Pioneer Irrigation has suggested that the City of Caldwell’s efforts to continue draining stormwater into its canals is a short term solution that will be outlawed soon.
Pioneer has pointed to EPA requirements for Boise and other Treasure Valley cities to go to low impact development rules by 2014 for reducing stormwater pollution into the Boise River under the Clean Water Act. I wrote about their dispute last month.
Now first remember that regular farm runoff is exempt from the Clean Water Act. So the farmers that Pioneer considers its most important patrons don’t have to worry about treating the runoff that runs into canals and ditches and eventually into the Boise River.
Stormwater from urban sources, such as subdivisions, is not exempt and since the 1990s has been the subject of a series of increasing regulations aimed at reducing the effects of this pollution we all see. Pioneer has warned its patrons about the dangers of this pollution but no the farm pollution.
In areas where it is possible, cities will be encouraged to require drainage systems that capture all of the runoff of a subdivision, even for flood events, filter out oils, chemicals and as much of the pollution as possible, before it seeps into the ground. But some areas, including Caldwell, which are underlined by clay and other material that is not permeable enough to allow seepage into the ground, some treated stormwater runoff will be allowed to go into the river.
The Environmental Protection Agency is pushing cities to go to low impact development by 2014 but Misha Vakoc, EPA Region 10 municipal stormwater permit coordinator in Seattle.
“That does not mean that Caldwell would not be able to discharge,” Vakoc said.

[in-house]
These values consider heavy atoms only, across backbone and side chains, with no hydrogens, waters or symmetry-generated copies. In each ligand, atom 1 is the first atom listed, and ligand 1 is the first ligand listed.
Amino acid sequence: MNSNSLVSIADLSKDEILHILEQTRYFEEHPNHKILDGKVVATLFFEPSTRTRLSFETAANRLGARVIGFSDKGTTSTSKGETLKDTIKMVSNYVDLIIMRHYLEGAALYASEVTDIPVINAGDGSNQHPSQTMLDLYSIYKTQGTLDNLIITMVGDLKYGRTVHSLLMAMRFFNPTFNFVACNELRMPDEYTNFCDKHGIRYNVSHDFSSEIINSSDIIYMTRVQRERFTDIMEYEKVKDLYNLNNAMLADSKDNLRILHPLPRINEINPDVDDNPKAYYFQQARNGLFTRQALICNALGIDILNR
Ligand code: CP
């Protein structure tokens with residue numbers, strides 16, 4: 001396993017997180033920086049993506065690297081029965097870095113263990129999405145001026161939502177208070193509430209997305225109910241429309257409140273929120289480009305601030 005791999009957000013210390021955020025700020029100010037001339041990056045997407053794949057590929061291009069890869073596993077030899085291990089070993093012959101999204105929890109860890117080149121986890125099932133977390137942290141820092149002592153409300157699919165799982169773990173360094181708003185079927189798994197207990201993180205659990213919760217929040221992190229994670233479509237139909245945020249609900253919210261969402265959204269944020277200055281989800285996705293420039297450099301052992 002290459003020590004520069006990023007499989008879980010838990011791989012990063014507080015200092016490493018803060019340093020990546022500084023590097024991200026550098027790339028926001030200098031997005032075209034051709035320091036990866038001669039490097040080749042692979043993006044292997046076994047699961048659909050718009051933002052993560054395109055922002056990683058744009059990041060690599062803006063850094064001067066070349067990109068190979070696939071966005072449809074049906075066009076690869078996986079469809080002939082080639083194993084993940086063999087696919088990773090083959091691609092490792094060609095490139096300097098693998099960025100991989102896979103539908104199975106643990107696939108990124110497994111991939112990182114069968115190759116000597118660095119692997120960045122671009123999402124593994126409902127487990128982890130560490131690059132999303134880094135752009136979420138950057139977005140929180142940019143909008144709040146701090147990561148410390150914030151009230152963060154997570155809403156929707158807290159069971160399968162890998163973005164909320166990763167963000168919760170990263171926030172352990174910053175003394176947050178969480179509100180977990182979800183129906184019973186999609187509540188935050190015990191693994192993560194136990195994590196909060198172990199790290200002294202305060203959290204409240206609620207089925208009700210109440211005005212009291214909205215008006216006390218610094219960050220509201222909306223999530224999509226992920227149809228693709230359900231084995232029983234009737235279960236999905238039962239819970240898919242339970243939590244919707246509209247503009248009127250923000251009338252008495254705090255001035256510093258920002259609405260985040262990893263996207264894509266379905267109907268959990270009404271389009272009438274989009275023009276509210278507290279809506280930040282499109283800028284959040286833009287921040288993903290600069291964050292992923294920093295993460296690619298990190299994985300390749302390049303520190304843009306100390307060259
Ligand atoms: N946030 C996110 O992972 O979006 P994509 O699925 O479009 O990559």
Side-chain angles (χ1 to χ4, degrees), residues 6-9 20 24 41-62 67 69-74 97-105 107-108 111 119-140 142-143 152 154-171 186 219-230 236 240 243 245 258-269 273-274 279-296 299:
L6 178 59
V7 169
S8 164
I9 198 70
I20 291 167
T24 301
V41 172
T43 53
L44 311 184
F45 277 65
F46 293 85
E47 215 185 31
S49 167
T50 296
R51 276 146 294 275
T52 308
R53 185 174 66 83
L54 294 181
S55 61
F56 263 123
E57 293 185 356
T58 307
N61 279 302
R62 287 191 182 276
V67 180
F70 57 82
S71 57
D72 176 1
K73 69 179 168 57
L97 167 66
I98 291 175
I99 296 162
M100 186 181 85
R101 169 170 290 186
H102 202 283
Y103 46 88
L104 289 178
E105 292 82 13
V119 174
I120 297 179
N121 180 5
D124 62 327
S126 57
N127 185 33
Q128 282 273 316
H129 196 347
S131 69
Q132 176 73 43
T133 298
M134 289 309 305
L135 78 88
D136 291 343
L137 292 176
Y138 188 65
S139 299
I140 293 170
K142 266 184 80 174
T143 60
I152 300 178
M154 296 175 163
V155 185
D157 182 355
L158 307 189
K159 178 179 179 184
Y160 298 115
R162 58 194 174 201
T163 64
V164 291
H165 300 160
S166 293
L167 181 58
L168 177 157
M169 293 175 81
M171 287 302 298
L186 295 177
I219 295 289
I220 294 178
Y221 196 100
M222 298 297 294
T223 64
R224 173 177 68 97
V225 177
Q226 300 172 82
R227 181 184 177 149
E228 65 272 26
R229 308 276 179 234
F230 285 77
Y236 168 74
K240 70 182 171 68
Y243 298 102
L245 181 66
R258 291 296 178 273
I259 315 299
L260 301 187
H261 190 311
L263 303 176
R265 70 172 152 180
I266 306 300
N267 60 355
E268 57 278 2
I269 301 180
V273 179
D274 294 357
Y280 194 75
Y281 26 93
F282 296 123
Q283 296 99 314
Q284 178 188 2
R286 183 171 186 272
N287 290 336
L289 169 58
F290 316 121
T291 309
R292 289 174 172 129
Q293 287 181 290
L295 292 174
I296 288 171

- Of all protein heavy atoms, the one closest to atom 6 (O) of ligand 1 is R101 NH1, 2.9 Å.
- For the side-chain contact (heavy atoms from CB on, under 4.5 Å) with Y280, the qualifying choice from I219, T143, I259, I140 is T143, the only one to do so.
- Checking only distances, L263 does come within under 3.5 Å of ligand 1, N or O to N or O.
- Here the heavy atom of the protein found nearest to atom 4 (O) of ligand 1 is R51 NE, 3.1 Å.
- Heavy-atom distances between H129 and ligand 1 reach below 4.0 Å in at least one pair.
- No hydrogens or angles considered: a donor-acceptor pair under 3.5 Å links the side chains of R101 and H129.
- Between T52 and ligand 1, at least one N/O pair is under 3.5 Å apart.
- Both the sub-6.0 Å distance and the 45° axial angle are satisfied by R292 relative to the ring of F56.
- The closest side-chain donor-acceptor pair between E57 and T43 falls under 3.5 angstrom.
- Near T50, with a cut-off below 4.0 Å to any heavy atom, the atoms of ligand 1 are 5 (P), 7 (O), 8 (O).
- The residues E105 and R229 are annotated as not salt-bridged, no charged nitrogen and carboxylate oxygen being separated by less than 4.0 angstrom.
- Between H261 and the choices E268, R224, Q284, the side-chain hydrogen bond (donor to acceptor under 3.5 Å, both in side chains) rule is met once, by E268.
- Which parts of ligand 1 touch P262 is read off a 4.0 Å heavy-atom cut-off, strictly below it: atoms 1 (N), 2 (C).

Caldwell and much of the Treasure Valley presents a rather unique challenge for stormwater clean-up, she said. Historically, when the Boise River gravity irrigation system was developed, some lower-lying areas flooded, turning farmers’ fields into wetlands.
That required drainage ditches along with the irrigation canals. Since the farms and cities were developed together the ditches along with the canals run through older and newly developed urban areas alike.
“In the Treasure Valley these agriculture drains are interwoven where people live,” Vakoc said.
So the lawyers for Pioneer, Caldwell and every other irrigation district, city, highway district and county have to unravel the legal tangle that the engineers first resolved a century ago and continue to face every time a new road is built, a new subdivision developed or a new industrial area built. And the taxpayers for both sides of these disputes are forced to pick up the tab.
Often, attorneys for the cities and highway districts argue, the irrigation districts demand add-ons that are unnecessary and add thousands to the costs of projects like new roads and bridges. They can because by law the irrigation districts have more say in the dispute although if it gets to court they have to prove their case.
Irrigation districts worry that without the improvements, such as canal liners the developments increase the risk their patrons may face unforeseen problems down the road, like leaks.
And in the irrigation community there is an underlying doctrine: It pays to be paranoid about water.